Background: Genetic factors that influence kidney traits have been understudied for low-frequency and ancestry-specific variants.
Methods: This study used imputed whole-genome sequencing from the Trans-Omics for Precision Medicine project to identify novel loci for estimated glomerular filtration rate and urine albumin-to-creatinine ratio in up to 12 207 Hispanics/Latinos. Replication was performed in the Women's Health Initiative and the UK Biobank when variants were available.
Results: Two low-frequency intronic variants were associated with estimated glomerular filtration rate (rs58720902 at AQR, minor allele frequency=0.01, P=1.6×10-8) or urine albumin-to-creatinine ratio (rs527493184 at ZBTB16, minor allele frequency=0.002, P=1.1×10-8). An additional variant at PRNT (rs2422935, minor allele frequency=0.54, P=2.89×10-8) was significantly associated with estimated glomerular filtration rate in meta-analysis with replication samples. We also identified 2 known loci for urine albumin-to-creatinine ratio (BCL2L11 rs116907128, P=5.6×10-8 and HBB rs344, P=9.3×10-11) and validated 8 loci for urine albumin-to-creatinine ratio previously identified in the UK Biobank.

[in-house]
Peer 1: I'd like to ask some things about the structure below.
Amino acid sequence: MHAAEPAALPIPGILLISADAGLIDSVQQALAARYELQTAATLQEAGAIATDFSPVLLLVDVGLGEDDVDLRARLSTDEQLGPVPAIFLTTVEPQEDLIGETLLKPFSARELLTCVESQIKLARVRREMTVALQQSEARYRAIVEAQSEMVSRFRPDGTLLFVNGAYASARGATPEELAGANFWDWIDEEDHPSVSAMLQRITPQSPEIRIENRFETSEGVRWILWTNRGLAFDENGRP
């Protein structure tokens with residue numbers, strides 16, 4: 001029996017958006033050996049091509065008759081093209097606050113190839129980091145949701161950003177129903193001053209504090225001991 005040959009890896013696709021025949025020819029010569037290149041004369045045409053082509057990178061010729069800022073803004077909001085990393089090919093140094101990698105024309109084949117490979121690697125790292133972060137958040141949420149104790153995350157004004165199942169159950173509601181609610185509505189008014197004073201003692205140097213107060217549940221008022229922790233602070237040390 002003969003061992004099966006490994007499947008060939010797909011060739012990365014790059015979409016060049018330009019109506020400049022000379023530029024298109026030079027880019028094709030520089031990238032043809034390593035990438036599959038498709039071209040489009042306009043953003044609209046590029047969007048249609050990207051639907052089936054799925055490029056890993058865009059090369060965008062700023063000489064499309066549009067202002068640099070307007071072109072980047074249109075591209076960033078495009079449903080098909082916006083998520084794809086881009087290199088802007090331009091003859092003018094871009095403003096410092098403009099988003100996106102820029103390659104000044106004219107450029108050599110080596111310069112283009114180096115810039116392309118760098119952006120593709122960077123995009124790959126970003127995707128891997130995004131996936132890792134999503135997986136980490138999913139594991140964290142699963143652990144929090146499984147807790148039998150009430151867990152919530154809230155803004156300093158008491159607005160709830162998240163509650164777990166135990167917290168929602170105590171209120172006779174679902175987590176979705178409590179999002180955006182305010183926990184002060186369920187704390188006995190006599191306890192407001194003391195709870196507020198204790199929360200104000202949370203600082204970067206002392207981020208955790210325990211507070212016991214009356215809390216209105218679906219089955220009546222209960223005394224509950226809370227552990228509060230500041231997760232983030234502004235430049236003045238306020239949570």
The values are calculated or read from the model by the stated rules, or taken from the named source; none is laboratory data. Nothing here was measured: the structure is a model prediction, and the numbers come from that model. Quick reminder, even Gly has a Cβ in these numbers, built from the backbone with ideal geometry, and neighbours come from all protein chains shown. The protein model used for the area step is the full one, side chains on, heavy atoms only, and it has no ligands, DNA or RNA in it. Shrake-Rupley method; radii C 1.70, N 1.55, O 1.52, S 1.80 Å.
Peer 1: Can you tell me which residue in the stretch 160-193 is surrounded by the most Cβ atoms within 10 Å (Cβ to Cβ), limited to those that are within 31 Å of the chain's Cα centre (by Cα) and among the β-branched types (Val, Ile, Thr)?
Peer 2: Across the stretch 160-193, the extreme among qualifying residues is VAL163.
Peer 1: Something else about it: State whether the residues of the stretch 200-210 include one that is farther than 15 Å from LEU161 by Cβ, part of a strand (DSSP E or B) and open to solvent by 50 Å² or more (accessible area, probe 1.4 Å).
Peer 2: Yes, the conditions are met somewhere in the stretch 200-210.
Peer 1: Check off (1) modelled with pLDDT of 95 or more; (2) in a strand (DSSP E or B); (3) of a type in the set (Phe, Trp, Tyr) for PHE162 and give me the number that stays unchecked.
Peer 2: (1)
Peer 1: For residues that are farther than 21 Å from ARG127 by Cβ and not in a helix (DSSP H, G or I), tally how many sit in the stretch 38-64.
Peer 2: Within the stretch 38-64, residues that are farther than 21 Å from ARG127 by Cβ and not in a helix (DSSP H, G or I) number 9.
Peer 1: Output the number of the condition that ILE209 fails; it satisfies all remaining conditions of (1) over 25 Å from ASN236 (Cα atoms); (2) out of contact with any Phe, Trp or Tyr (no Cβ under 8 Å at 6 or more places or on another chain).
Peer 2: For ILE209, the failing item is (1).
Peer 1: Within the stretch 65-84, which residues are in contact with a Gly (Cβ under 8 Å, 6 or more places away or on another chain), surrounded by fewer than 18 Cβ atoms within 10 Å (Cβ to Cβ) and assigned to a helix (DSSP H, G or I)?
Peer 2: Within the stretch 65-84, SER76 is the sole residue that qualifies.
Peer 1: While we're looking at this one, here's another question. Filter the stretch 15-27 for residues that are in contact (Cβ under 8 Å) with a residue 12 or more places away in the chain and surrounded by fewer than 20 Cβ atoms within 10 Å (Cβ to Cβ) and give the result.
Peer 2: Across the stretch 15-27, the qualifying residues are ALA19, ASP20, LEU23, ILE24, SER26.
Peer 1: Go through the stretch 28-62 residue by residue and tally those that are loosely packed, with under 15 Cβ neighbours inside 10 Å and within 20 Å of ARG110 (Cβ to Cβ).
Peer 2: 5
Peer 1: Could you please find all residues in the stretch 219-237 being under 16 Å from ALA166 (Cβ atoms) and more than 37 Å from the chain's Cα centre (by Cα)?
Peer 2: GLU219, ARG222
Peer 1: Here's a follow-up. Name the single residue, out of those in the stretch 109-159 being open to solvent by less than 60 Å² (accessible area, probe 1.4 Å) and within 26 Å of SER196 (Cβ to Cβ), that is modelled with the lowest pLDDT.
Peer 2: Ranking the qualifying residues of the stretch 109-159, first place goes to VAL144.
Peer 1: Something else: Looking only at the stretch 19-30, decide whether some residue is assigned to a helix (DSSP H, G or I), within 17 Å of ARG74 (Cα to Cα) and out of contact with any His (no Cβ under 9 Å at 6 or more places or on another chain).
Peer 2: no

Conclusions: Our study shows gains in gene discovery when using dense imputation from multi-ethnic whole-genome sequencing data in admixed Hispanics/Latinos. It also highlights limitations in genetic research of kidney traits, including the lack of suitable replication samples for variants that are more common in non-European ancestry and those at low frequency in populations.
Keywords: genes; genetic variation; genetics; genome-wide association study; kidney; population.